Before signing up…

10. Make sure you know what you’re signing up to.

Remember to look closely at the fine print of the job specification or contract. Some residencies cover the costs of extra expenses, while others do not. Some require you to undertake a large amount of work for the host organisation, while others are more modest in their demands. 11. If you’re at all unsure, get your contract checked by an expert. If you’re not sure what exactly is being asked of you and you can’t get the answers you want from the host organisation, you may want to seek outside advice. The Society of Authors offers its members free advice on contracts – though you do have to pay a membership fee to join.

12. Check you’re insured.

If you’re going to be working in a public space – especially in schools – you’ll need to be insured. Check what the situation is with your host organisation. If you find you’re not covered and think you need to be, the Society of Authors offers its members advice and discounts on specialist insurance, including public liability insurance and professional indemnity insurance. While in post…

13. Don’t let the residency become all-consuming.

While in post, it’s vital that you strike a balance between carrying out the duties of your residency and continuing with your own writing. You should be clear with the host organisation from the outset about how much you are prepared to take on. Remember to protect the time you have put aside for writing: a residency which leaves you no time to write would be counter-productive. Most organisations are aware with this, and want you to be actively pursuing your own writing while in post.

14. How do I run a tutorial?

Most one-to-one writing tutorials are 30-60 minutes long. You’ll need to read through work that is brought to you and discuss it with its author. The advice you give may include general or detailed feedback on the piece you’ve been shown, general approaches for developing style, demonstration of relevant writing techniques and so on.

15. How do I go about structuring a workshop?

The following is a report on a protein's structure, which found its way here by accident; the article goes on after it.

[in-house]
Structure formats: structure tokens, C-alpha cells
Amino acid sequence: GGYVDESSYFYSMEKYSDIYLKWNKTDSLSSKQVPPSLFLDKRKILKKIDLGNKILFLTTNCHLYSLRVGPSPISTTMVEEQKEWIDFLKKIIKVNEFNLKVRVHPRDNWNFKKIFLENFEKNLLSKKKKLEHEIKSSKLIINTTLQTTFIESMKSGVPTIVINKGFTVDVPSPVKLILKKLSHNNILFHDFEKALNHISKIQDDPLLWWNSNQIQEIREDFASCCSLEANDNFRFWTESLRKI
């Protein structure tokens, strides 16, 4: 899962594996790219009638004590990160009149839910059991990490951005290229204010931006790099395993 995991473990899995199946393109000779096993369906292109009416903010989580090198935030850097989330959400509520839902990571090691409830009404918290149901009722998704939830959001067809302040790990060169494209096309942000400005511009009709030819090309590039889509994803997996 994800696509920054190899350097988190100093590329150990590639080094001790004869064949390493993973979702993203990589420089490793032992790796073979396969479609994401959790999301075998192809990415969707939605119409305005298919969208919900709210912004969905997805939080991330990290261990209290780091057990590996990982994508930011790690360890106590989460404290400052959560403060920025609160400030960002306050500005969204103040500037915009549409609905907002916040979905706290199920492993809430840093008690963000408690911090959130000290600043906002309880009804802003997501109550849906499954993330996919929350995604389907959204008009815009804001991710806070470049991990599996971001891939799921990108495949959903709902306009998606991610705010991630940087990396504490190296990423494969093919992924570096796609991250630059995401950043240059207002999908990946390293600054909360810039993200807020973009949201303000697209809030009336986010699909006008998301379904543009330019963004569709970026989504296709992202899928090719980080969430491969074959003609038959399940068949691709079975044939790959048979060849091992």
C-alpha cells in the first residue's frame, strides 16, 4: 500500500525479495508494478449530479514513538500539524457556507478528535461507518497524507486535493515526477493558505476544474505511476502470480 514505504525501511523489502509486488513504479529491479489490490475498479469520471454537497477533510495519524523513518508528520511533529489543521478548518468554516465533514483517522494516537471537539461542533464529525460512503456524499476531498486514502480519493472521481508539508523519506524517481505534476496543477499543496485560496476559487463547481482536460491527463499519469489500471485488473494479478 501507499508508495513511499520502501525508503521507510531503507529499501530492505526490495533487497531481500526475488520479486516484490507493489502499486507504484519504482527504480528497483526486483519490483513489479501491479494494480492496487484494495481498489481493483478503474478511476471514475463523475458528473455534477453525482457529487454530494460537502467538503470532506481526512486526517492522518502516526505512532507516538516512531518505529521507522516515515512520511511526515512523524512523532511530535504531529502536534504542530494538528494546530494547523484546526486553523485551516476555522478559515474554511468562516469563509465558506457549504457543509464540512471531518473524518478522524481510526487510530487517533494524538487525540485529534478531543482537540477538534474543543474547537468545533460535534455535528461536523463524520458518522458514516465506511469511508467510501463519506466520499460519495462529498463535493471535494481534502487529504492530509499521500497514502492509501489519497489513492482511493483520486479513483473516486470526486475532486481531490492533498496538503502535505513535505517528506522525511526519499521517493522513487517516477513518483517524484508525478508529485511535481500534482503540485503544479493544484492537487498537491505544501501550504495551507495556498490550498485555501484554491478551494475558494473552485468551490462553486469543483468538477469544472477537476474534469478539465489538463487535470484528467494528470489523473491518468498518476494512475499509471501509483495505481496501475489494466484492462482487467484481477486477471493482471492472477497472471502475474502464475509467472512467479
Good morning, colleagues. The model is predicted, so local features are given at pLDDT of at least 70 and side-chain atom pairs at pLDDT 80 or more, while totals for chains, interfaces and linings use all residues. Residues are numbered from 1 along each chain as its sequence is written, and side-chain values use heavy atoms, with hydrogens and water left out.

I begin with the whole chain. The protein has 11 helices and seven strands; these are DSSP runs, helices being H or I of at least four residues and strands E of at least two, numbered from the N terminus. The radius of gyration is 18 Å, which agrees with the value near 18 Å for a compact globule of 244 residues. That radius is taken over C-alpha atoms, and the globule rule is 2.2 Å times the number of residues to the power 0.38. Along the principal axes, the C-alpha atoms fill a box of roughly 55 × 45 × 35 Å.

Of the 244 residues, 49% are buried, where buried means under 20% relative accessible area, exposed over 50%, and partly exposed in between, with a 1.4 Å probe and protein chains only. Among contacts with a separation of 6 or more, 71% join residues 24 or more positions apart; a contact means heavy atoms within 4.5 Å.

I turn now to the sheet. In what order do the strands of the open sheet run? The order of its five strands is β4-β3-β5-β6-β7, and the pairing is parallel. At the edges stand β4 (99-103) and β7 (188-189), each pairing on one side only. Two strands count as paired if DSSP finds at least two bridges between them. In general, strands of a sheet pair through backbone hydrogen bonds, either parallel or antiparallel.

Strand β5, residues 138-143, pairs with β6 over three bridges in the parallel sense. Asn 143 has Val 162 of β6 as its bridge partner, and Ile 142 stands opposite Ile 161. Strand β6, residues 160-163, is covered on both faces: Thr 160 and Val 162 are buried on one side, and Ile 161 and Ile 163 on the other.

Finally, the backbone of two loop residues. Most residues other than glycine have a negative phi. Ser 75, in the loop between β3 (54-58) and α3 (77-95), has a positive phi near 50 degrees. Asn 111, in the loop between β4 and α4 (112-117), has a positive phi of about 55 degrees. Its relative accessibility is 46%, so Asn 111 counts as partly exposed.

There are different styles of workshop, but many are run along the following lines: 1. The writer presents the workshop’s theme – for instance, “Beginnings and Endings” – and gives a brief introduction to the topic. 2. Published examples may be passed round for discussion and to model successful (and sometimes less successful!) approaches. 3. A writing exercise may then be set, based on the workshop’s theme. Participants are typically given around 20 minutes to write. 4. Participants reconvene for group feedback. During feedback, some or all participants may read their pieces aloud for comment from other group members and/or the tutor. Some workshop leaders ask their students to offer one compliment and one criticism for each piece of writing they comment on. It’s important to stress that participants should never be cruel when offering criticism.

Julia Copus was born in London and now lives in Somerset. All three of her collections are Poetry Book Society Recommendations. She has won First Prize in the National Poetry Competition and the Forward Prize for Best Single Poem (2010). In 2012, she was shortlisted for the Ted Hughes Award for New Work in Poetry for Ghost Lines, a cycle of radio poems following the journey of a couple undergoing IVF treatment. Her third collection,The World’s Two Smallest Humans, was published by Faber and shortlisted for the T.S. Eliot Prize and the Costa Poetry Award. She also publishes children’s picture books with Faber, including The Hog in the Fog. She is an Advisory Fellow for the Royal Literary Fund and a judge for this year’s National Poetry Competition.

Julia Copus at Faber